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Editorial Reviews

Publishers Weekly
In this uneven offering from seasoned romance author Rice (All a Woman Wants, etc.), cartoonist Jared McCloud longs for two months of peace and quiet so he can finish his animated screenplay. A remote seaside cottage in South Carolina seems the perfect place to kick his creative juices into gear, and it would have been if not for his eccentric landlady, Cleo Alyssum, whose own quest for privacy prompts her to arm the grounds around her house with live peacocks, fake skeletons and screaming sirens. Cleo has a good reason for wanting to keep a low profile; she's on probation for shoplifting, possession and substance abuse, and she needs to stay clean and sober in order to regain custody of her young son, Matty. The story heats up when a hurricane forces Cleo and Jared into the usual steamy romance, but takes a dark turn as the pair try to protect a couple of abused teens from their dysfunctional mother and her sexually deviant boyfriend. While all the ingredients for a good Southern novel are in place here (sex, violence, humor and ambience), wooly characterizations and a confusing, unexplained conclusion involving ancient human bones found on Cleo's property will leave the reader wondering how all these plot fragments connect. (Mar.) Copyright 2001 Cahners Business Information.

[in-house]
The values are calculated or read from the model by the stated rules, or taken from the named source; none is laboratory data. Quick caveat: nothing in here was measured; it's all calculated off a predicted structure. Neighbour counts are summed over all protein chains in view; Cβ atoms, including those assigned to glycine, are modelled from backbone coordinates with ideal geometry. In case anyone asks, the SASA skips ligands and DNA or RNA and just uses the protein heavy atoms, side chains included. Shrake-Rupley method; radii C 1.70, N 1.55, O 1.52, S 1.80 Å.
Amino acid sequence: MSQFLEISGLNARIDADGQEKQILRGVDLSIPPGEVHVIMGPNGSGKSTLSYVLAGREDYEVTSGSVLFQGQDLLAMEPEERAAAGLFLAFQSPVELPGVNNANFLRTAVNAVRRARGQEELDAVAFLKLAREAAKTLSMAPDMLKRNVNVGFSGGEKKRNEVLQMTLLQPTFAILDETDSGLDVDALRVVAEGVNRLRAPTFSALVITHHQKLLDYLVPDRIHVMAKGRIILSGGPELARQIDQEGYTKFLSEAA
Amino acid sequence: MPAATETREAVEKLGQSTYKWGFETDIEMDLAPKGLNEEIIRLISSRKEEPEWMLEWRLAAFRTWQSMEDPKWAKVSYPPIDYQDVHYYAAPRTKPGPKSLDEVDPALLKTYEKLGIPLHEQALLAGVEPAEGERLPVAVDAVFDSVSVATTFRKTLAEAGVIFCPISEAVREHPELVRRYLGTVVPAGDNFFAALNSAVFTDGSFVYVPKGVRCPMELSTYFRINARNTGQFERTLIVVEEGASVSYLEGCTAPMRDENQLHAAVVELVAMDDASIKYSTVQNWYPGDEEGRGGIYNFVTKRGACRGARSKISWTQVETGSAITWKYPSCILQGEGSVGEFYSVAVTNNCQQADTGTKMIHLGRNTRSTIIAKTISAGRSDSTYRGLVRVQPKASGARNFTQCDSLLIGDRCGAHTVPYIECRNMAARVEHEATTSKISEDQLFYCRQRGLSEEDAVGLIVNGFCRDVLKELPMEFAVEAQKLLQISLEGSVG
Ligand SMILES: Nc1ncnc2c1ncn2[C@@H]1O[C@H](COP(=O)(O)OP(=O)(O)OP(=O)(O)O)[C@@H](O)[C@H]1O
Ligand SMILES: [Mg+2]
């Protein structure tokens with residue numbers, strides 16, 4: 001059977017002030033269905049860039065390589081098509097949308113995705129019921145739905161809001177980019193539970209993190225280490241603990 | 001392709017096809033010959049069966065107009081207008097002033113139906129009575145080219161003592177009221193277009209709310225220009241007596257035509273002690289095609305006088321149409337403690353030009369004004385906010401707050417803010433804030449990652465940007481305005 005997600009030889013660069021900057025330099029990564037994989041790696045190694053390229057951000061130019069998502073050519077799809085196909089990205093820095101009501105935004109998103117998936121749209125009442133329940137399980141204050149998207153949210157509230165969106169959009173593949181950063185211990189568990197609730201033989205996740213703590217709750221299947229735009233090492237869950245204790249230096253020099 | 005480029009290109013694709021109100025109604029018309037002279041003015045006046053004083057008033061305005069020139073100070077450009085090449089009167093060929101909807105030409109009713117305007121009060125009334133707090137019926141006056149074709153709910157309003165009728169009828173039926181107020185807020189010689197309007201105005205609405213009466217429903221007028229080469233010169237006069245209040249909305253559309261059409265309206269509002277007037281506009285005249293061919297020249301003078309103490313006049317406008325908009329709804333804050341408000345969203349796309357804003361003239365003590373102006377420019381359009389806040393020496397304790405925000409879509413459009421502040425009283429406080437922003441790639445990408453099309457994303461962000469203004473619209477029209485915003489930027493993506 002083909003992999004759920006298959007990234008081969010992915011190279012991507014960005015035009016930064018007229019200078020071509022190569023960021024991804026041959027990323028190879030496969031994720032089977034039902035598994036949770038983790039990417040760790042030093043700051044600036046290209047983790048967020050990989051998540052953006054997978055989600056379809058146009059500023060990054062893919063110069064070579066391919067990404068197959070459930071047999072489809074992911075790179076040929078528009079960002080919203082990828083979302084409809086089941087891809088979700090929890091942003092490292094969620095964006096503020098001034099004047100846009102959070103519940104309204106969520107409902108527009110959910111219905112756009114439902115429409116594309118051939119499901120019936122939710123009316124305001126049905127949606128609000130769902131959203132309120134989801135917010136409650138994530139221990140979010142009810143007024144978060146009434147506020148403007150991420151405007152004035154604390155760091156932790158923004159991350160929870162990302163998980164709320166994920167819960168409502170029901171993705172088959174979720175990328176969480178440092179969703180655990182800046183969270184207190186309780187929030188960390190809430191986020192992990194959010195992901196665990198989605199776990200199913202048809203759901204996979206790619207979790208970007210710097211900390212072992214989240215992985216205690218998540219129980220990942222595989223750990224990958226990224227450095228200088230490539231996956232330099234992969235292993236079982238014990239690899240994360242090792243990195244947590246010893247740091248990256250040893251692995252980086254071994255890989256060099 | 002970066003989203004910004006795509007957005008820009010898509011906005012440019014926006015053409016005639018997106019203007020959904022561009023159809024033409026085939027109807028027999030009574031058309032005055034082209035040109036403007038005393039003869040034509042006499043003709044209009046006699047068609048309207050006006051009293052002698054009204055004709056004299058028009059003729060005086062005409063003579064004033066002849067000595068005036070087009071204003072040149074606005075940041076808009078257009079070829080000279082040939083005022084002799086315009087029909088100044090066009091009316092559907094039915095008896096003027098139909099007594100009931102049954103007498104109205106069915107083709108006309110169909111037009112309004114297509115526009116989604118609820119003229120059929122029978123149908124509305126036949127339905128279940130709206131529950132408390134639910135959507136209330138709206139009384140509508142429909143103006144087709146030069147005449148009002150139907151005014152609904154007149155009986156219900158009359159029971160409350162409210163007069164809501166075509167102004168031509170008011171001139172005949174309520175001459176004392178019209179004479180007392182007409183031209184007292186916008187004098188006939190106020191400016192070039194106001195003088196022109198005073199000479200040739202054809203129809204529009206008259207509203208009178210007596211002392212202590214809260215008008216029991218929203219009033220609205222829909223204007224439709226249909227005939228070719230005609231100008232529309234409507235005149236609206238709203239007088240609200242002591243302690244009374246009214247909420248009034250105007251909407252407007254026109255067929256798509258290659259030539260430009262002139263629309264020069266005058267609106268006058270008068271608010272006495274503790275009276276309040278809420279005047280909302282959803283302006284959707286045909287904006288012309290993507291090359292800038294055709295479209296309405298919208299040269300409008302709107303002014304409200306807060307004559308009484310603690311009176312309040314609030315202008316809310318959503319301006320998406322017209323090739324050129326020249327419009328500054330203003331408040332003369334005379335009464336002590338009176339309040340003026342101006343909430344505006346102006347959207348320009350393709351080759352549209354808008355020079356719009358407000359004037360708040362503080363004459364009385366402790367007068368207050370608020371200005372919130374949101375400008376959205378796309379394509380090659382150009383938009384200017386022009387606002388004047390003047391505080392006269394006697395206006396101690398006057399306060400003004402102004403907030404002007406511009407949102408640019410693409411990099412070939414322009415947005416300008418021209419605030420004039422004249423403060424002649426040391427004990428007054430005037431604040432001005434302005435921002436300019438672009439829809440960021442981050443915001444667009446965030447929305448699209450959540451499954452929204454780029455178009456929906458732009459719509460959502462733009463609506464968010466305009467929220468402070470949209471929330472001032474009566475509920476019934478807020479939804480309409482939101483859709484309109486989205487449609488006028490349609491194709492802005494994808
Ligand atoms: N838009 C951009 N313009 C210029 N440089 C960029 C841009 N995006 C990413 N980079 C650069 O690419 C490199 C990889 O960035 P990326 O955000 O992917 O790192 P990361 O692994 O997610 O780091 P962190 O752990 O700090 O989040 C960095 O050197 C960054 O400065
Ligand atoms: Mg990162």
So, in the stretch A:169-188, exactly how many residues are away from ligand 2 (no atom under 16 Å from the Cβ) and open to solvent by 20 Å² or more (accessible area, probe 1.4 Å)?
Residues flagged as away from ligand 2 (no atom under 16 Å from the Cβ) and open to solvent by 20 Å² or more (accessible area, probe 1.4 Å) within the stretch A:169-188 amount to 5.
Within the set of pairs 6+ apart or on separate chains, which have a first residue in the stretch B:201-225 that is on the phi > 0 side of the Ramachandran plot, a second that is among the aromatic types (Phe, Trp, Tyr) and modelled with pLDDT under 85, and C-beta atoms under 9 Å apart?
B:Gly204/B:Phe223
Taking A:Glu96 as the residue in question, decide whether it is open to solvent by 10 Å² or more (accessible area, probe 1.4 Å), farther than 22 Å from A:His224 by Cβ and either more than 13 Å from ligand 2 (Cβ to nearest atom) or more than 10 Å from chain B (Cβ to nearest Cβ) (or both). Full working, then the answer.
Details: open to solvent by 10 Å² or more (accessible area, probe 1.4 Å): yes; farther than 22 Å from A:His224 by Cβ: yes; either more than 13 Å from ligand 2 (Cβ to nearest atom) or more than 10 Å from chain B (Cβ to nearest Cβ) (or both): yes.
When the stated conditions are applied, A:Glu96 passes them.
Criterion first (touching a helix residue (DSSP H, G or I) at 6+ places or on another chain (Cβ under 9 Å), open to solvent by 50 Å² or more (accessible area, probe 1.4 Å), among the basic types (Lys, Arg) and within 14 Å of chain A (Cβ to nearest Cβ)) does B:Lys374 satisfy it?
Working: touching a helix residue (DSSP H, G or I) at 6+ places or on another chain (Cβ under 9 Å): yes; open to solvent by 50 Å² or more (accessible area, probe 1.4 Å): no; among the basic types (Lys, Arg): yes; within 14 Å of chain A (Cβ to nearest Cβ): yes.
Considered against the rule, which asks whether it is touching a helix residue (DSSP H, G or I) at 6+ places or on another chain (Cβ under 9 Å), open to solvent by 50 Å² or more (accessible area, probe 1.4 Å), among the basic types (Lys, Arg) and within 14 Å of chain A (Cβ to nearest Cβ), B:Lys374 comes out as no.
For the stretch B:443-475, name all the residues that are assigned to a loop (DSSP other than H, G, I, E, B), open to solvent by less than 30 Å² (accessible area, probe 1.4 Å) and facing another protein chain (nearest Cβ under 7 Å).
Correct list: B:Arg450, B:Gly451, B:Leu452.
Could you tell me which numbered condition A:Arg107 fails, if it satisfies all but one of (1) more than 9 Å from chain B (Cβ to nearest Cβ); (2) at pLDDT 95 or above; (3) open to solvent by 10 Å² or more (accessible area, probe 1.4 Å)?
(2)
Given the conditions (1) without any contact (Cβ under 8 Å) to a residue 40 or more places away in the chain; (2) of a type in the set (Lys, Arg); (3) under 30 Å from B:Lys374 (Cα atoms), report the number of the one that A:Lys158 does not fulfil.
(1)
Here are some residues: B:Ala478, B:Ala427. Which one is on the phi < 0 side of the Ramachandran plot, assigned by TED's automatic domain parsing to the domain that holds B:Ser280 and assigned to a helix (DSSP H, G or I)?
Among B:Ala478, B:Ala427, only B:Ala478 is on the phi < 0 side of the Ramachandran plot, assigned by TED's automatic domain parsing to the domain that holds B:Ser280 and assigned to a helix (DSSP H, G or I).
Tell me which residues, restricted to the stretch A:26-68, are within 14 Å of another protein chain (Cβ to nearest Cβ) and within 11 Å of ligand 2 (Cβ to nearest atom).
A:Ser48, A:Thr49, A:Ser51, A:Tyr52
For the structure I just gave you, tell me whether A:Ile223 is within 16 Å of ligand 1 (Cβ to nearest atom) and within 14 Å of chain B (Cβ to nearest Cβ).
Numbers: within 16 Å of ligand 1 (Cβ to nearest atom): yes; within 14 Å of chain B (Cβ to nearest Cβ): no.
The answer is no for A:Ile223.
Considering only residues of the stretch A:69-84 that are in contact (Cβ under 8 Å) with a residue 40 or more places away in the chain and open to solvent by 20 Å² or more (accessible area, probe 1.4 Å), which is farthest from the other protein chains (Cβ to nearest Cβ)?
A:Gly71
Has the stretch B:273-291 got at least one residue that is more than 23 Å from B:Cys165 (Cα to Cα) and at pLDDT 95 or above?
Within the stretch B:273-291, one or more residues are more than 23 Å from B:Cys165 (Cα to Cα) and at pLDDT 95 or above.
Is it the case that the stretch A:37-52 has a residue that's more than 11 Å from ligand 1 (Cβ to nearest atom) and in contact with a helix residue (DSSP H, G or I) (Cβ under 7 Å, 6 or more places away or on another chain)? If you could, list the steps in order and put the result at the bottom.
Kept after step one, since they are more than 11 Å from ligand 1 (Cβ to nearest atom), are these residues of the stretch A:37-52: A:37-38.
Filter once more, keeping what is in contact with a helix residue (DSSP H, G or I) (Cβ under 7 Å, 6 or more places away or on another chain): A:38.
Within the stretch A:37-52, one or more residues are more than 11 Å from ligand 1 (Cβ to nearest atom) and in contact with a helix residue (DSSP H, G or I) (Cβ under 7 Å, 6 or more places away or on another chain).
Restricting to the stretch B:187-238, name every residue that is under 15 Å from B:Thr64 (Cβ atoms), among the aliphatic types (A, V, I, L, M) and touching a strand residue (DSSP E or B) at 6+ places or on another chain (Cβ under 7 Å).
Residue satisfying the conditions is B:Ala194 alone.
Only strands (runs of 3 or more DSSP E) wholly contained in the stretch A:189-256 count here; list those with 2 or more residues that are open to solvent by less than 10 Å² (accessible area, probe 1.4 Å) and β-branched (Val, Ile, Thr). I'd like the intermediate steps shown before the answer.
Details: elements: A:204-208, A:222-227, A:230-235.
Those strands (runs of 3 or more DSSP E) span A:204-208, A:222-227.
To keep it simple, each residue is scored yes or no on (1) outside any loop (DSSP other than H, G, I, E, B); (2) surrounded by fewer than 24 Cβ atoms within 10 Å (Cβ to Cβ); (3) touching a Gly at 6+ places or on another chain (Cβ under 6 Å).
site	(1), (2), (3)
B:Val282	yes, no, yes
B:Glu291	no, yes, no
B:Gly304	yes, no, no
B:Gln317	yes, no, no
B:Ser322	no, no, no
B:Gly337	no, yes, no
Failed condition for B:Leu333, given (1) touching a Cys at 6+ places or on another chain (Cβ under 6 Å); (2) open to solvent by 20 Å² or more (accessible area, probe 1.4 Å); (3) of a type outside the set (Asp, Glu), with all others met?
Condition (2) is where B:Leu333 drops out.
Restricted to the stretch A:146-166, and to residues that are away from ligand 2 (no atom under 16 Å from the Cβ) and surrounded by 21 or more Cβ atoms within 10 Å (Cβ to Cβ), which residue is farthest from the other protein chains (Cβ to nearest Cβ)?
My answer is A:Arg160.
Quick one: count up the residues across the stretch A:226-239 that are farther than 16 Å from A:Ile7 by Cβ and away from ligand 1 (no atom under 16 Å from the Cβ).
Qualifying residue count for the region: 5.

RT Book Reviews - Jill Smith
“...both a love story and a story of personal growth.”
41/2, Top Pick
author - Mary Jo Putney
“Brilliant and riveting, edgy and funny,”